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Call for mandatory alcohol interlocks in vans, lorries and buses across the EU

20 February 2018

The EU should require alcohol interlocks to be fitted in all new professional vehicles and retrofitted to cars used by repeat drink-driving offenders. These are two of the main recommendations from the European Transport Safety Council (ETSC), authors of a new report looking at how to reduce the 5000 deaths still caused by drink-driving in the European Union each year.

In a major road safety package announced last month, the French government said all repeat drink-driving offenders would be required to install an alcohol interlock, an in-car breath testing device that prevents the vehicle from being started if the driver is over the limit. All coaches in France are already required to have the devices installed.

In September last year, Austria launched a national rehabilitation programme for drink-drivers that offers the option for drivers to install an interlock in order to get back behind the wheel before the full term of a driving ban has expired. Belgium, Denmark, Finland, The Netherlands, Poland and Sweden have introduced similar programmes as have the majority of US states.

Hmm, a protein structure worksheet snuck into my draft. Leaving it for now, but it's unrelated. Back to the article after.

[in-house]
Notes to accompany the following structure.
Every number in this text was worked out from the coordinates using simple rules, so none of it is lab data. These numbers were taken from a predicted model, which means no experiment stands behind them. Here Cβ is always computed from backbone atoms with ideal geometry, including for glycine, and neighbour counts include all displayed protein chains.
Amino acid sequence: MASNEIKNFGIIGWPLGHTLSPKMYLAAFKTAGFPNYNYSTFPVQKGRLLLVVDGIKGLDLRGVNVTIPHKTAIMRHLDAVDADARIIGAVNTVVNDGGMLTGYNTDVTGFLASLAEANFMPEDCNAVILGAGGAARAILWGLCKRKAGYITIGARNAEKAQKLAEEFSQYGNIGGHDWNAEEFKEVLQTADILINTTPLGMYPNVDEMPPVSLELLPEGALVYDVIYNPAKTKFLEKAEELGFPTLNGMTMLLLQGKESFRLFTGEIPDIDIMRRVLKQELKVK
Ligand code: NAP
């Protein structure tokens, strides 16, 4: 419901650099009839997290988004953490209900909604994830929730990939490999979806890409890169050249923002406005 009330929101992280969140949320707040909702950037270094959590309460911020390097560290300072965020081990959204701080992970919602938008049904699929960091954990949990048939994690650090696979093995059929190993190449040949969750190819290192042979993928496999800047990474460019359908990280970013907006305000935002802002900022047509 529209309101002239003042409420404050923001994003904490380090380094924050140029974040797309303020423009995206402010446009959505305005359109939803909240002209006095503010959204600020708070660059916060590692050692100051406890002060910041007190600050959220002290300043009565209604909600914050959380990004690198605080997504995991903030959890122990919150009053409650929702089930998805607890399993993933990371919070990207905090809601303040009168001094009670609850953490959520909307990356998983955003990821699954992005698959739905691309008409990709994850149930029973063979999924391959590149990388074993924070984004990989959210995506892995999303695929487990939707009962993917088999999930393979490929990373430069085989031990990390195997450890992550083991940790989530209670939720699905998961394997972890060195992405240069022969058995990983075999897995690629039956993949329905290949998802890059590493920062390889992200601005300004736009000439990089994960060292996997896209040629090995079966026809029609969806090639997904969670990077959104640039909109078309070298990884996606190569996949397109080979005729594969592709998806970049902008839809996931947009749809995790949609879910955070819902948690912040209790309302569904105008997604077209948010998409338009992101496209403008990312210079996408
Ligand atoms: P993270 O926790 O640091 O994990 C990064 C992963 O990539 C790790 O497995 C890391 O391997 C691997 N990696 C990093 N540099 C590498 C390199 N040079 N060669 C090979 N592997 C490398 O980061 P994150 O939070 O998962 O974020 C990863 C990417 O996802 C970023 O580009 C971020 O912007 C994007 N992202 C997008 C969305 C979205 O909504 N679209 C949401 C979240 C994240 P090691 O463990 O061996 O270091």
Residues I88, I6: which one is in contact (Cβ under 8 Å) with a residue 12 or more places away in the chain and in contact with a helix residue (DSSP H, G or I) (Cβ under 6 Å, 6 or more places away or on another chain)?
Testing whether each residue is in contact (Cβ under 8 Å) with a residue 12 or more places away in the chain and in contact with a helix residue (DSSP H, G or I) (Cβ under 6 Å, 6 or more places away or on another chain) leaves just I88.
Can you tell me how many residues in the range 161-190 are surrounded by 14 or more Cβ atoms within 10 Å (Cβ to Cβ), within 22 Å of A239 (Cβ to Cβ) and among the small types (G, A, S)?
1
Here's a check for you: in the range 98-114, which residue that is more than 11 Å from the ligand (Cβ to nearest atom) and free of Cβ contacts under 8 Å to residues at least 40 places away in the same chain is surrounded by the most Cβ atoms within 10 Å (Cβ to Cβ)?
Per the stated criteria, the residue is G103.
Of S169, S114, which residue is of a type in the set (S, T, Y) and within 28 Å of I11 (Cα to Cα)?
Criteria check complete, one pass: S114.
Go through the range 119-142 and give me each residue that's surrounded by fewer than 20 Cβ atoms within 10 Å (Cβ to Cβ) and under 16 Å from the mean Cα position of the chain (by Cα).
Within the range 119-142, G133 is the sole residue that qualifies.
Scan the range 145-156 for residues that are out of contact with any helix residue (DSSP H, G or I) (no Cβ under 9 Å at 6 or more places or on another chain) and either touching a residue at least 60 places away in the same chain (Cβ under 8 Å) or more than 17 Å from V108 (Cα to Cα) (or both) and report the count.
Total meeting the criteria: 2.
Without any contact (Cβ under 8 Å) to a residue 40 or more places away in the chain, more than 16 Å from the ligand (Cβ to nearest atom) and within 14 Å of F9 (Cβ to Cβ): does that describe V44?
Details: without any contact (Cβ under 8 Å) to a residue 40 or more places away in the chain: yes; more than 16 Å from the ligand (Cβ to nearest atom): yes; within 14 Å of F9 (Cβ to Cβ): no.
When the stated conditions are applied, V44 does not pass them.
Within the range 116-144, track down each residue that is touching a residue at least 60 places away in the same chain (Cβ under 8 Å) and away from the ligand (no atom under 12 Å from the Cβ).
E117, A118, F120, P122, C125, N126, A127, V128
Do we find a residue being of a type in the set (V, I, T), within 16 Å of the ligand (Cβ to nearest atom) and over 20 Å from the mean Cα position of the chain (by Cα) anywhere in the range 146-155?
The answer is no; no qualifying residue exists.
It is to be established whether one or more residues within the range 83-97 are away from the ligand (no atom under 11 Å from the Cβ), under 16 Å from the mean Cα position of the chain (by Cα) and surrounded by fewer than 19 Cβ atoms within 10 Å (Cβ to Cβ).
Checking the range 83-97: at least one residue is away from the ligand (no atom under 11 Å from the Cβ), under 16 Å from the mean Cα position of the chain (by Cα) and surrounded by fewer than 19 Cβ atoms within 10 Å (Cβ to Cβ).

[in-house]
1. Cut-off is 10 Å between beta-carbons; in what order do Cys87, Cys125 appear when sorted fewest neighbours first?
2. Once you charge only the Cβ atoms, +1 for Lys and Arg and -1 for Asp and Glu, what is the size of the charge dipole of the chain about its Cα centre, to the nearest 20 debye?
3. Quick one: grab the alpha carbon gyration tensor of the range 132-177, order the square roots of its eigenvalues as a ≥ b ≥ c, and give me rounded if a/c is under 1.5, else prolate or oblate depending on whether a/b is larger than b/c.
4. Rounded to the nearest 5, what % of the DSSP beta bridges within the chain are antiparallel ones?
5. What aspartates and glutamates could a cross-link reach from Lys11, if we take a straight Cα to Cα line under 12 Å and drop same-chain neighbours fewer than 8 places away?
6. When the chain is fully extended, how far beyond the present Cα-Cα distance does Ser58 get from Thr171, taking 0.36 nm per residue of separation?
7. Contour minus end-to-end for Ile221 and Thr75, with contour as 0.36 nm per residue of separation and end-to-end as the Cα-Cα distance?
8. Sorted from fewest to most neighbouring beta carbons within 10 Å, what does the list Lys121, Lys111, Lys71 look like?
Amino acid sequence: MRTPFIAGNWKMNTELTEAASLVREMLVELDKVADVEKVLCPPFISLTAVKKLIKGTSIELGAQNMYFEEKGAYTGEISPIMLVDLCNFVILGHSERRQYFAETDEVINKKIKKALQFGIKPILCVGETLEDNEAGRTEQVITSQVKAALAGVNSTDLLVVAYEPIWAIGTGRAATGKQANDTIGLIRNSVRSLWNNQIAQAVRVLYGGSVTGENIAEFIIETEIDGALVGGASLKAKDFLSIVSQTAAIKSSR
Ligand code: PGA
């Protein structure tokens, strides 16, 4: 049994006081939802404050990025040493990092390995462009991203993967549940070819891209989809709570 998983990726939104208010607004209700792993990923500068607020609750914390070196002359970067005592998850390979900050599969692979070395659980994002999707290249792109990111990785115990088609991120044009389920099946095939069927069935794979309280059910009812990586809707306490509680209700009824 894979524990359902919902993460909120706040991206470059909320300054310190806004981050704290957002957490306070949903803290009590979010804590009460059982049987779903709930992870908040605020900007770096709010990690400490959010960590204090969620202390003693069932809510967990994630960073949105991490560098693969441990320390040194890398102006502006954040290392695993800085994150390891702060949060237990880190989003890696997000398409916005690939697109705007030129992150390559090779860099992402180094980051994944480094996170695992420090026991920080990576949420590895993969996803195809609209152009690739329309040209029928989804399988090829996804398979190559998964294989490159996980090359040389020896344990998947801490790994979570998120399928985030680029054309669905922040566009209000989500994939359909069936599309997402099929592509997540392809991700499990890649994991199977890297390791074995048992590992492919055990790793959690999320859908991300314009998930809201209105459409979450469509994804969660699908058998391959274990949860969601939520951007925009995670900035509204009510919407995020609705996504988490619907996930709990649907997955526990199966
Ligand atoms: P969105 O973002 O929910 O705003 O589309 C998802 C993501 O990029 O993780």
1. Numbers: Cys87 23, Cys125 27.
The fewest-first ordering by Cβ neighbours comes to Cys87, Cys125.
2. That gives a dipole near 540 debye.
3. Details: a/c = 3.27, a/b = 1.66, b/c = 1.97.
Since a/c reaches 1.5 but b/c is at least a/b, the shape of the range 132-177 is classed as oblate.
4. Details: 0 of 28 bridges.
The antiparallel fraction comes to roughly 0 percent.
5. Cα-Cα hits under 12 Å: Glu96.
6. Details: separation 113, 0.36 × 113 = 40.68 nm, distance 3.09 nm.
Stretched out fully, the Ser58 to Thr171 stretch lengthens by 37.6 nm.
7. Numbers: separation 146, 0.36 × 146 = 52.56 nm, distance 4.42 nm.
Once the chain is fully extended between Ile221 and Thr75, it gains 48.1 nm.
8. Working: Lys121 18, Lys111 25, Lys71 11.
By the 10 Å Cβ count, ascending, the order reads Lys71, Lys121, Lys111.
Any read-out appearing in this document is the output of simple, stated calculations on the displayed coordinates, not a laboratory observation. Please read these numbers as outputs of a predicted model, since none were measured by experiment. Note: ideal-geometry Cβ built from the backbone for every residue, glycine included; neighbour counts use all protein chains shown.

ETSC says the programmes have proven to be one of the most effective measures for tackling drink-driving and should be extended across the European Union.

Antonio Avenoso, Executive Director of ETSC said:

“High levels of enforcement are critical to solving Europe’s drink-driving problem. And for those drivers who carry on getting behind the wheel after drinking, despite checks and sanctions, alcohol interlocks are an important and effective way of getting people rehabilitated.

“It’s also crucial that drivers entrusted with professional vehicles carrying goods or passengers must never be allowed to get behind the wheel when they are over the limit. Many fleets across Europe are already using interlock devices, it’s time they were made a standard feature.”
 

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